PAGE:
Mechanical and aerospace engineering students at Oklahoma State University have developed a drone that can fly into severe thunderstorms like the ones that spawn tornadoes. (Source: Oklahoma State University)
"Oklahoma State University students working to solve this problem have developed the ultimate storm chaser -- a drone that can fly into the storms and send data back to meteorologists. "
Very nice idea. Hurricanes always left us thousands of people facing expensive repairs for property damage. Concerned people want to help relieve some of that burden through relief charities. Unfortunately, these kinds of disasters also bring out scammers trying to make a fast back by taking advantage of tragedy and misery. The Better Business Bureau released some helpful tips in sorting the legitimate contractors and charities from the unscrupulous. tragedies. If you need help paying for emergency fixes, get financial advice.
Very interesting post Elizabeth. In the late ' 60s, I did a TDY at Sheppard Air Force Base in Wichita Falls, Texas. It was in late March; prime tornado weather for that part of the country. Around 2:00 in the morning the alert sirens sounded indicating a tornado had been spotted. We all hurried down into the shelters to wait until the all-clear sounded. We had maybe 5 minutes to get underground before the tornado hit. We were there for about 20 minutes and when we came "top-side", we discovered the tornado had hit two hangers and basically destroyed several aircraft stationed inside for maintenance and repairs. This was an F-2 and yet it bent and twisted aircraft as though they were toys. Any thing that can be done to provide greater warning and more time to react is greatly needed. I suspect Homeland Security intended the drones for keeping track of citizens but this is an excellent use of the technology.
Thanks, Elizabeth - I am curious as to what he has to say. I had a friend that used to design and build industrial weather stations out of his home and I designed a wind rose as a student project back in my school days so I am really interested in these types of designs that involve monitoring weather parameters...it will be interesting to see what he says.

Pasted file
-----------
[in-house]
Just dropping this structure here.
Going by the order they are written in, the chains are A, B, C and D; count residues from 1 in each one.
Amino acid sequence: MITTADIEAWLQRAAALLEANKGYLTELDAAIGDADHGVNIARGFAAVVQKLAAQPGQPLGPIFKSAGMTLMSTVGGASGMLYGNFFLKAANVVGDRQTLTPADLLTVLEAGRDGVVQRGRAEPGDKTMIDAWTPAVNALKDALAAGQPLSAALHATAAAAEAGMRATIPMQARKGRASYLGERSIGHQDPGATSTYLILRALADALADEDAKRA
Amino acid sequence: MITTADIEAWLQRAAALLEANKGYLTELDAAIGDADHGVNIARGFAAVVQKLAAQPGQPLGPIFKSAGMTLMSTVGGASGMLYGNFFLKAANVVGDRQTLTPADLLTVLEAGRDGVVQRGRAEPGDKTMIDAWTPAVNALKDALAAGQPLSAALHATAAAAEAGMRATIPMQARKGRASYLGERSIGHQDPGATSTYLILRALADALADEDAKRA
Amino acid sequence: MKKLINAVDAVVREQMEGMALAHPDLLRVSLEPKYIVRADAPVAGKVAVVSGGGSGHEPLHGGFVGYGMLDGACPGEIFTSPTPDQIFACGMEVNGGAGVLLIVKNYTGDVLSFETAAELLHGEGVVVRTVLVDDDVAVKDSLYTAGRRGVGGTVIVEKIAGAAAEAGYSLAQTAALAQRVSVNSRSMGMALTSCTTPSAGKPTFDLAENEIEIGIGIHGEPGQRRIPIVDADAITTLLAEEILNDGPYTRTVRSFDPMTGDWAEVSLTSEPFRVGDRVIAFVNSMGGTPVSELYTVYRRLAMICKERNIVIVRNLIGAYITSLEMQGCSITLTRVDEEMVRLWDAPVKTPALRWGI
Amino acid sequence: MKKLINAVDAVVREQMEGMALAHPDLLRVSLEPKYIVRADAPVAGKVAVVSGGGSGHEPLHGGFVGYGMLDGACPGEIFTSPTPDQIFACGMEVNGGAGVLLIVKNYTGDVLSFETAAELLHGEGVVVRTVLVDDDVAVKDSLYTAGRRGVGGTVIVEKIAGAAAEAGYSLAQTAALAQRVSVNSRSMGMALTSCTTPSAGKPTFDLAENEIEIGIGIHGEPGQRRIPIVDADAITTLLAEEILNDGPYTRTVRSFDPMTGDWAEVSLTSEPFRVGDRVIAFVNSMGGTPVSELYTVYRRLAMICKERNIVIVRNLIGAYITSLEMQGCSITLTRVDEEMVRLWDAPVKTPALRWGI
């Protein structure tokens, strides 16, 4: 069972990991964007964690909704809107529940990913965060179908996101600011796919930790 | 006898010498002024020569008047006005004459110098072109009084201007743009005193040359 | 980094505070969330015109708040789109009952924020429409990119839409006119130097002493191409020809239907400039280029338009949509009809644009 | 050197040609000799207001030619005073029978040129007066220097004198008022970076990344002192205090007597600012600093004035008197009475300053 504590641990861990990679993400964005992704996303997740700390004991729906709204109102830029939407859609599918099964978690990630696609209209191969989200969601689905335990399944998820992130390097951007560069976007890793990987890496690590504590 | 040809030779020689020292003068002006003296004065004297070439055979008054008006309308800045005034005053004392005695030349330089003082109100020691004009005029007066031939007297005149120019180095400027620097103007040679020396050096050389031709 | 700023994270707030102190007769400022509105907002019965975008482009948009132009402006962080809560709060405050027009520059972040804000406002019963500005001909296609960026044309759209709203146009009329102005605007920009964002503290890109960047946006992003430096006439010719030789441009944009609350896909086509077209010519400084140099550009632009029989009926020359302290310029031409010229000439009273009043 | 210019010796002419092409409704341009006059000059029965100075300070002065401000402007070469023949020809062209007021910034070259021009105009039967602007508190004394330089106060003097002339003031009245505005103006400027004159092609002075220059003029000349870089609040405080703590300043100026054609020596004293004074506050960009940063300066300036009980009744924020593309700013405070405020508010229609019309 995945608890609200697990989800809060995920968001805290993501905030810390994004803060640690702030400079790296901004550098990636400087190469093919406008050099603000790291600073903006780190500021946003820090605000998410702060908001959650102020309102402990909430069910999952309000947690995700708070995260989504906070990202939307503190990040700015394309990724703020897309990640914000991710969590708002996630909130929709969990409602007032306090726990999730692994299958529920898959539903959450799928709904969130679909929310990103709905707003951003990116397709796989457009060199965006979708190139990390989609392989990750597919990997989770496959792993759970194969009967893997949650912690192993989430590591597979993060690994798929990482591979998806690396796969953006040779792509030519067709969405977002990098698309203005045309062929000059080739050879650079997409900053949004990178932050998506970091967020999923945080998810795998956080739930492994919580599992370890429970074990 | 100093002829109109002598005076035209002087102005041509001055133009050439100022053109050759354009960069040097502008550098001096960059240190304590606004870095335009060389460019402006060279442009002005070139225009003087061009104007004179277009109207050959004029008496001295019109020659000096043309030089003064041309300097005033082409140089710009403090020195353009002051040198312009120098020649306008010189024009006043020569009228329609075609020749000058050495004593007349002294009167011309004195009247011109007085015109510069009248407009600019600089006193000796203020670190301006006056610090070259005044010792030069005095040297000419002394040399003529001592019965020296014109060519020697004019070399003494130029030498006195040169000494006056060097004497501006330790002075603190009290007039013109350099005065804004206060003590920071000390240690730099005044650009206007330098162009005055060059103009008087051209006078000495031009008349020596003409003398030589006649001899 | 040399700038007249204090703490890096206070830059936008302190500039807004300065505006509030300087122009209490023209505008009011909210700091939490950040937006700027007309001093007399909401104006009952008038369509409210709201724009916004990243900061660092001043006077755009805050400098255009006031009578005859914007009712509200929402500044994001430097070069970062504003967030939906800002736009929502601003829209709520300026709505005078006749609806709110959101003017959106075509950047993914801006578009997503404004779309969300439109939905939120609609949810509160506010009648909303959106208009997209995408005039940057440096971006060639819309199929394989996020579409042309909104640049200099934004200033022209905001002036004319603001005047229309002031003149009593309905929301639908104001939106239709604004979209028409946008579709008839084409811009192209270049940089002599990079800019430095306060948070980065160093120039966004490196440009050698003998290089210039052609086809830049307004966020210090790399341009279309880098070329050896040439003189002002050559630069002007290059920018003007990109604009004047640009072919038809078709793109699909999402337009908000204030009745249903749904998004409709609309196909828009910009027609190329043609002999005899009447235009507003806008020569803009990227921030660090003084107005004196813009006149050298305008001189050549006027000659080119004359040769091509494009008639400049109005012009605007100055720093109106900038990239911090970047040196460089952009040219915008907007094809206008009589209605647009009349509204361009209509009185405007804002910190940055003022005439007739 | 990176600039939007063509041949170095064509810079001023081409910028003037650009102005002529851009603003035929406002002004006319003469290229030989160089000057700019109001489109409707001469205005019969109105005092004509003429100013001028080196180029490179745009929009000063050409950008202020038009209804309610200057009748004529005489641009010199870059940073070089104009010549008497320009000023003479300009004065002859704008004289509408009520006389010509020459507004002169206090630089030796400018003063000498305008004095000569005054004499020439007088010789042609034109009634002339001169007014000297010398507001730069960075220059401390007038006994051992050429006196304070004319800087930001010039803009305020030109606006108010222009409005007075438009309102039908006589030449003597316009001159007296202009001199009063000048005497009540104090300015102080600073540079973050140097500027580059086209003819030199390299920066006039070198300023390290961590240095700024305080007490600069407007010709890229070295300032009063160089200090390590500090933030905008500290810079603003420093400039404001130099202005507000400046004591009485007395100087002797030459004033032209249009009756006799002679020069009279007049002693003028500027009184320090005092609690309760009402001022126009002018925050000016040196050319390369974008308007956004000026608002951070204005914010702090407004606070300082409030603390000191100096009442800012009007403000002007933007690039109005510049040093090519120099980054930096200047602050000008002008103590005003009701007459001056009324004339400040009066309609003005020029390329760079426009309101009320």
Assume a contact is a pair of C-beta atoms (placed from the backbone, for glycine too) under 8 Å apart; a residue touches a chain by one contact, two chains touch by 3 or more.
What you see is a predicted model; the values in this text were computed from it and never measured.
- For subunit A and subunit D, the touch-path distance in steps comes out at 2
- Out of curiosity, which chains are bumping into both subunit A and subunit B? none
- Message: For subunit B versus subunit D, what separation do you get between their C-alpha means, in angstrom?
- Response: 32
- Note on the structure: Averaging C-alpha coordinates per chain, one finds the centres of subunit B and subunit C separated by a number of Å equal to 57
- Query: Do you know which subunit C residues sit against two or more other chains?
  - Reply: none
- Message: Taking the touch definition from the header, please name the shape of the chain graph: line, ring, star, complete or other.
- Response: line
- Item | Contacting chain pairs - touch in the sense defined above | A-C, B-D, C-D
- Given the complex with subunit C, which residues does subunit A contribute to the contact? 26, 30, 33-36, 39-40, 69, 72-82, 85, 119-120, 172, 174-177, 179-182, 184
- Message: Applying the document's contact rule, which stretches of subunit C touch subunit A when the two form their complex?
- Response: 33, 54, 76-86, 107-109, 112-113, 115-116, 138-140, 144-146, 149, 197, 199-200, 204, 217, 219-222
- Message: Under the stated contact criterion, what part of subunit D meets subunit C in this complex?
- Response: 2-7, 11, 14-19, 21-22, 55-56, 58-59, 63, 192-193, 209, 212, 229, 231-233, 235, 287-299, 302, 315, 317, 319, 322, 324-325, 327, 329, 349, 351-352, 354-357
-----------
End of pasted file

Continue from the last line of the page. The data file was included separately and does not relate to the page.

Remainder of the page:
Your comments and concerns are warranted, I think, Thinking_J. I didn't really think of the potential negative consequences of this, but you're right, there are probably a lot of reasons why this technology isn't such a good idea. I'm sure malfunctions in such dire conditions are definitely possible. We can only hope that if this technology is put to actual use that the inventors take as much precaution as they can to avoid any of these issues.
It's my pleasure, Nancy. I really enjoy writing about these types of innovations and am always impressed by what the really clever people in this world are dreaming up! I sent an email to Jamey yesterday so let's see what he says. I'll post a comment when I get his reply.
Thanks, Elizabeth - It would be interesting to understand the sensing and data logging mechanisms, especially under such extreme conditions. Hopefully you will hear back. Thanks as always for reporting on such interesting and potentially valuable technologies!
I applaude the effort ... but I have serious reservations in it being approved to be used.
As pointed out in other comments.. not quite sure what additional info would be gained.
Their use of a micro turbine implies they intend to work at higher alitudes (where turbines work better than props)..,.otherwise why use a $3-5K engine when a $200 one will work?
I really have questions concerning .... fast enough to get to event before it is over vs launching near event (still requiring storm chasers?)... dwell time vs speed in smaller craft (likely tornado .. 300 miles away.. can it get there in less than 1 hour and still fly around long enough to be useful and return to base?)
I have seen turbine RC aircraft .. good for 200-300 mph.. the FAA will not let them fly outside visual range of operator (~400 ft). At what point does a drone become a cruse missle?
Then there is that subject of .. adding debri to the funnel when a craft gets 'sucked in' ... or simply having problems and falling out of the sky - into a school yard - while on the way to an event a 100 miles away?
Search and rescue operations are one non-military humanitarian app for drones, but there are other related ones, like post-disaster real-time aerial photography in support of S&R, or scientific apps like topo mapping.
Unless the wings are solid carbon fiber the aspect ratio seems too high for an aircraft with a mission to fly into high wind speeds. The wings seem too flexible for this. As far as instrumentation, very little needs to hang out of the drone and be visible, It can all be built into the aircraft body contours. The tornado near El Reno proved it is too dangerous for people on the ground. I think a data logger could be built in for later recovery to fill in the gaps due to radio interference. I think it's a neat application though.
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